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From Matt Goodall <matt.good...@gmail.com>
Subject Re: Reduce to nothing
Date Thu, 05 Feb 2009 16:23:15 GMT
2009/2/5 Michael Marks <michael.marks@gmx.de>:
> How about having a third attribute "state": with possible values "active",

Sure, that's possible but it defeats the point of my original post,
i.e. not touching the original document.

Just to be clear, I know you can stick any old attribute on a "thing"
document and filter it in a view. What I'm interested in is using the
reduce function in more interesting ways that /may/ have additional
benefits in some cases.

- Matt

> Matt Goodall schrieb:
>>
>> 2009/2/5 Jeremy Wall <jwall@google.com>:
>>
>>>
>>> Can't you just have the map screen out the cancellations? Seems like
>>> that's
>>> the most natural spot for the behaviour you want.
>>>
>>
>> Nope, because the "thing" doesn't know it's been cancelled.
>>
>> - Matt
>>
>>
>>
>>>
>>> On Feb 5, 2009 8:34 AM, "Matt Goodall" <matt.goodall@gmail.com> wrote:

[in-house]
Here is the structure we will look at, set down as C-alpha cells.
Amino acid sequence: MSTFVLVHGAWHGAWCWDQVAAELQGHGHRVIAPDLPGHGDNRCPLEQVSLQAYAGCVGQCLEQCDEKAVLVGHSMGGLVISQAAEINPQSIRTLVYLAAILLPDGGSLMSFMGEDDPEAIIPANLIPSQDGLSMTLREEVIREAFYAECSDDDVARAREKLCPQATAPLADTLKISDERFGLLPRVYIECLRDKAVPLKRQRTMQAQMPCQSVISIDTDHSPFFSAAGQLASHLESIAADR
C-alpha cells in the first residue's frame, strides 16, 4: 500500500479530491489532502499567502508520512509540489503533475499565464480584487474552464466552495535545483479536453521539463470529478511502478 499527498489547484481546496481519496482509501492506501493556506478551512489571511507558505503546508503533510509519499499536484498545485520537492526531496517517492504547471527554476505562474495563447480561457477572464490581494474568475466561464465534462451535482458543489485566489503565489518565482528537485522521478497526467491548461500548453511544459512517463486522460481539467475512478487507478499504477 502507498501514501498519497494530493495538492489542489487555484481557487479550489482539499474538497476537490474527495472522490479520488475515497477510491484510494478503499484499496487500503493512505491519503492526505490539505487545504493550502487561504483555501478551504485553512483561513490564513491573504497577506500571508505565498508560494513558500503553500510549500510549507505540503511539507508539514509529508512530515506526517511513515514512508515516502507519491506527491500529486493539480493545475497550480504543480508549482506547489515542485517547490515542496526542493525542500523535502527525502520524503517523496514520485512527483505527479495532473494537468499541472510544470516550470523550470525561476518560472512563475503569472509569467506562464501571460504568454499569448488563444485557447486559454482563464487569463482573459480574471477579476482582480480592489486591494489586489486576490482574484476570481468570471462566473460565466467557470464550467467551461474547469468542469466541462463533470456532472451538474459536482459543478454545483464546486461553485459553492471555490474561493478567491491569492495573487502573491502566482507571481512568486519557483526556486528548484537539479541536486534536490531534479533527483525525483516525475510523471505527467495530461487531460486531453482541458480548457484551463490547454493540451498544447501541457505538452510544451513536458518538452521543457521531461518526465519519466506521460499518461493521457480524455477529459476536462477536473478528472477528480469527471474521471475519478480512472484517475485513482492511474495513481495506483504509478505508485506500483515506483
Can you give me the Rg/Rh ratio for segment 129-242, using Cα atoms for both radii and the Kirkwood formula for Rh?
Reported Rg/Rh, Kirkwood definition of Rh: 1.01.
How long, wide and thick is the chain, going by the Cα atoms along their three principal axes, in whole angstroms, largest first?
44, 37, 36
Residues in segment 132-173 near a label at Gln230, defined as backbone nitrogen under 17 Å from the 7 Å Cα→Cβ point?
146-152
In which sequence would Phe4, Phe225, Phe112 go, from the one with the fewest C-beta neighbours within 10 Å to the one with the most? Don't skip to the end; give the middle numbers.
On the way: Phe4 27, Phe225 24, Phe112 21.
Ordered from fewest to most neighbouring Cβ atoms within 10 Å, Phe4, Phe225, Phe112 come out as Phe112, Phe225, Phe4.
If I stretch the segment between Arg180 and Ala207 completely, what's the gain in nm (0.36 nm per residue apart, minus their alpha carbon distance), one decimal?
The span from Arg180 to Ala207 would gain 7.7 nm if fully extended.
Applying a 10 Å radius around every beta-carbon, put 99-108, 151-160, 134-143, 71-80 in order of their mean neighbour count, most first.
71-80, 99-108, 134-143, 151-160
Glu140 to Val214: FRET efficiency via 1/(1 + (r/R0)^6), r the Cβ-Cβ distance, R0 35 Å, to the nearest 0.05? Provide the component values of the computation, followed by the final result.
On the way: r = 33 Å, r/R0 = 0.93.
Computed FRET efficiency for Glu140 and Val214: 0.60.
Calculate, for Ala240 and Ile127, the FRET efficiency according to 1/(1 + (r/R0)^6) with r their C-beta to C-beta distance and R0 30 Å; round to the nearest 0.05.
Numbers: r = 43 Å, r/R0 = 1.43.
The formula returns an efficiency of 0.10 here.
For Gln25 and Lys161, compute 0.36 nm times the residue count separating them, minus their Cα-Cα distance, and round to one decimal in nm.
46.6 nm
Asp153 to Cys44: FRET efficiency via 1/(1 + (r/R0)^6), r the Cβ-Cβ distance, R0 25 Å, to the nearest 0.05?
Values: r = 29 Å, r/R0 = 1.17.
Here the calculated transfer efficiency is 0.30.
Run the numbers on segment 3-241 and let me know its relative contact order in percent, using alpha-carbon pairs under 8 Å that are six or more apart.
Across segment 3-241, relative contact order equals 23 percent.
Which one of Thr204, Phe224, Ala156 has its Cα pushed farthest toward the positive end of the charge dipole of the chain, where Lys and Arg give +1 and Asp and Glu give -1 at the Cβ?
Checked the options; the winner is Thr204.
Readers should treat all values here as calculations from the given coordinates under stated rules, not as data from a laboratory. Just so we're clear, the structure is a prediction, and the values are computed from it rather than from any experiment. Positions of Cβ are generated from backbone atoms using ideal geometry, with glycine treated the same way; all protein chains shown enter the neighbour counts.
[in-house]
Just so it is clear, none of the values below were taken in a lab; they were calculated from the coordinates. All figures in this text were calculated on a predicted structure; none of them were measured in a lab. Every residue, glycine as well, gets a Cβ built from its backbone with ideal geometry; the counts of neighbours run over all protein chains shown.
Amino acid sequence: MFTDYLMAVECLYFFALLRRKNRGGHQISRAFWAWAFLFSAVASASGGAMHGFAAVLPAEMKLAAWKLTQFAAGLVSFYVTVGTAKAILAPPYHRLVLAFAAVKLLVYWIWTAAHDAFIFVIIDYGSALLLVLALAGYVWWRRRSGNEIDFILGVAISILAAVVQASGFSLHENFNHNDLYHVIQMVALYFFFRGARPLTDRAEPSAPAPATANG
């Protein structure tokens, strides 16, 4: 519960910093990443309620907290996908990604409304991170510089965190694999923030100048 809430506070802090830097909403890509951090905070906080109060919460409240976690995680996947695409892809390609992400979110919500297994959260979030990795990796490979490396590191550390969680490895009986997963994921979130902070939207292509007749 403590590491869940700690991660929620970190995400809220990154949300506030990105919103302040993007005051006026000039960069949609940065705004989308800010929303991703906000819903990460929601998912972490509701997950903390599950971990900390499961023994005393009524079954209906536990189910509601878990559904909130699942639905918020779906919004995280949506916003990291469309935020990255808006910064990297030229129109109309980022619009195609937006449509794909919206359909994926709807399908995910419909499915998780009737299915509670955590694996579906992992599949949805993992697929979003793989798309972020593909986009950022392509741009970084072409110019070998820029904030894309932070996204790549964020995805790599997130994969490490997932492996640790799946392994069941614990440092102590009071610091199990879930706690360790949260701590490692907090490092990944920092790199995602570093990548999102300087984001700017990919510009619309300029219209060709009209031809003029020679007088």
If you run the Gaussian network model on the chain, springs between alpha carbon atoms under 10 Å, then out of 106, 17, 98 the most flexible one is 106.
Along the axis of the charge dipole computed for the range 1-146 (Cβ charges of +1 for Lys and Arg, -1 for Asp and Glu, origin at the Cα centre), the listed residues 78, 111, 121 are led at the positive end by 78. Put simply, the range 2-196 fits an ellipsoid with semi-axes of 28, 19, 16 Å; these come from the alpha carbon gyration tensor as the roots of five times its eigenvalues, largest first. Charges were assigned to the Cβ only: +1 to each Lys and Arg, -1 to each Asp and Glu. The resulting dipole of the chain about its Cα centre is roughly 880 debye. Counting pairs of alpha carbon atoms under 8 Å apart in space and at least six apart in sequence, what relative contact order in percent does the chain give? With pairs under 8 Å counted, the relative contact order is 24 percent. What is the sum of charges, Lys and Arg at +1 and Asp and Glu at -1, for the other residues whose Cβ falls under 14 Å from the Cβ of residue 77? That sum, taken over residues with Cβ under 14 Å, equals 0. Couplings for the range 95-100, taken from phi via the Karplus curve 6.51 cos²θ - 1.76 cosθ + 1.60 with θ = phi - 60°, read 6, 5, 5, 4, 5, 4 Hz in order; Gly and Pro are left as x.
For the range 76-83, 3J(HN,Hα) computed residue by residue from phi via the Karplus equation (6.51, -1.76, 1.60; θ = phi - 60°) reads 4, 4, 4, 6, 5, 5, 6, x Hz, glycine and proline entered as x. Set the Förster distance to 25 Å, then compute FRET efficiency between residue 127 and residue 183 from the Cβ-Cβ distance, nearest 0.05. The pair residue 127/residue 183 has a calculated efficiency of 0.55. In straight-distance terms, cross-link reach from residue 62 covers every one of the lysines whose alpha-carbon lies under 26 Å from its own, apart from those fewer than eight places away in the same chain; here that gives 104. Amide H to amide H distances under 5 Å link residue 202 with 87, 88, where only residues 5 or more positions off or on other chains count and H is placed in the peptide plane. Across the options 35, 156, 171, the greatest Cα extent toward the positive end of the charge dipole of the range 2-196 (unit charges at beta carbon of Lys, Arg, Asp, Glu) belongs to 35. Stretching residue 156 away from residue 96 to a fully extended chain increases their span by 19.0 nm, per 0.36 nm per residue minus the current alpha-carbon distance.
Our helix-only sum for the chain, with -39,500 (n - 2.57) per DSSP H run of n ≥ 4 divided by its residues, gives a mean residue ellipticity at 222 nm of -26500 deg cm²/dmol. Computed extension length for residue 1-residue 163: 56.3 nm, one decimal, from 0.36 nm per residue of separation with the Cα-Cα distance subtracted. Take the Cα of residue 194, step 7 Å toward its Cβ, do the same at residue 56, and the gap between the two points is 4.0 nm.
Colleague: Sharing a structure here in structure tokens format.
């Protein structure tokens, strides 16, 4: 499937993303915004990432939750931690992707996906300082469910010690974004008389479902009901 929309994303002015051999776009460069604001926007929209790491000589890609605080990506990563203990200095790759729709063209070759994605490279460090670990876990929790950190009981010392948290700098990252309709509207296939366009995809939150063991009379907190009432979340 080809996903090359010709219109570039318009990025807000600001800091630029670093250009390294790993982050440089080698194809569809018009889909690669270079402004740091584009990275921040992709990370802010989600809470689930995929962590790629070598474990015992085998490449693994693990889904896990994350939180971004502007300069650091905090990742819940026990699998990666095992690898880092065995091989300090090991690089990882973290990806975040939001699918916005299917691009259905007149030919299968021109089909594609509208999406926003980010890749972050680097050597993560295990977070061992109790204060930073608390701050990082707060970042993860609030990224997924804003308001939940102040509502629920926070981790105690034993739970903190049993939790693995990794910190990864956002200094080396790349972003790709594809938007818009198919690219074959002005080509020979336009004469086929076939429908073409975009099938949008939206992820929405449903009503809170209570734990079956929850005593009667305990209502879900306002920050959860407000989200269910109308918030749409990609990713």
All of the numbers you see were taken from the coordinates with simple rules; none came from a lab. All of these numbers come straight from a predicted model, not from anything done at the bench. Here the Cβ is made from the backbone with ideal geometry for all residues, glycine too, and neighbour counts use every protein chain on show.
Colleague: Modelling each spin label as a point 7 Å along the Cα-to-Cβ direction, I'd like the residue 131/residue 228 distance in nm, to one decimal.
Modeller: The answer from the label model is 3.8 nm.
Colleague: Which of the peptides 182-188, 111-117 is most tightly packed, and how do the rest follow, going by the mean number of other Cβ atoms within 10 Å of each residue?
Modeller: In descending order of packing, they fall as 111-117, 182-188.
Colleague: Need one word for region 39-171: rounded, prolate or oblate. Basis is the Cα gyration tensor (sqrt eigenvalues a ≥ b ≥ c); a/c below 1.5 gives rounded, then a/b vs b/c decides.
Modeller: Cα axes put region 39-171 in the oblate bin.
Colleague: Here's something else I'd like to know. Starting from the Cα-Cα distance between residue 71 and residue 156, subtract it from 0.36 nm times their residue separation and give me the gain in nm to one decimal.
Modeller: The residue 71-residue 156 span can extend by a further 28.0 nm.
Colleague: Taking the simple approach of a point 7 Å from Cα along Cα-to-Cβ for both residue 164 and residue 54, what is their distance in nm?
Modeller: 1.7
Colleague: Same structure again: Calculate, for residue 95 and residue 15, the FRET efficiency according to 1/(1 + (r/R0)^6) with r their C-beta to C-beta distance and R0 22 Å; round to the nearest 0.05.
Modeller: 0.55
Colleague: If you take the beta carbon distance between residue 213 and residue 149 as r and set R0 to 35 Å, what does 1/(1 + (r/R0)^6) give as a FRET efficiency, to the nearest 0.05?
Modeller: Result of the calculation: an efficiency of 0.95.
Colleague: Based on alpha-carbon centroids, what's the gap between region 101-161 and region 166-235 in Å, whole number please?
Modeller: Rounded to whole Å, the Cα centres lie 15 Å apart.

>>>
>>> Hi,
>>>
>>> Is it possible to reduce a key to nothing, i.e. completely remove a
>>> key from the reduction result.
>>>
>>> For instance, say you post three documents:
>>>
>>>  {"_id": "thing1", "type": "thing"}
>>>  {"_id": "thing2", "type": "thing"}
>>>  {"_id": "...", "type": "cancellation", "cancels": "thing1"}
>>>
>>> It's trivial to produce a map function that collates the "thing" and
>>> "cancellation" documents. However, I can't work out how, or even it
>>> it's possible, to reduce the view that so that only "thing2" remains.
>>>
>>> This seems like it might be a useful thing to be able to do at times.
>>> For instance, posting a "cancellation" document effectively removes a
>>> "thing" from the database. Nothing needs to touch the "thing",
>>> avoiding any chance of conflicts and it doesn't matter how many
>>> "cancellation" documents get posted making cancellation an idempotent
>>> operation.
>>>
>>> I tried not returning anything, just in case it worked ;-), but got a
>>> JSON encoding error (can't encode undefined, iirc). That would be a
>>> simple approach. However, I wondered if the more "normal" approach of
>>> allowing a reduce function to emit zero or more (key, value) pairs
>>> would be even better? Not sure if that would break the incremental
>>> reduce though.
>>>
>>> Any ideas, or is there another way to achieve this that I'm missing?
>>>
>>> - Matt
>>>
>>>
>>
>>
>

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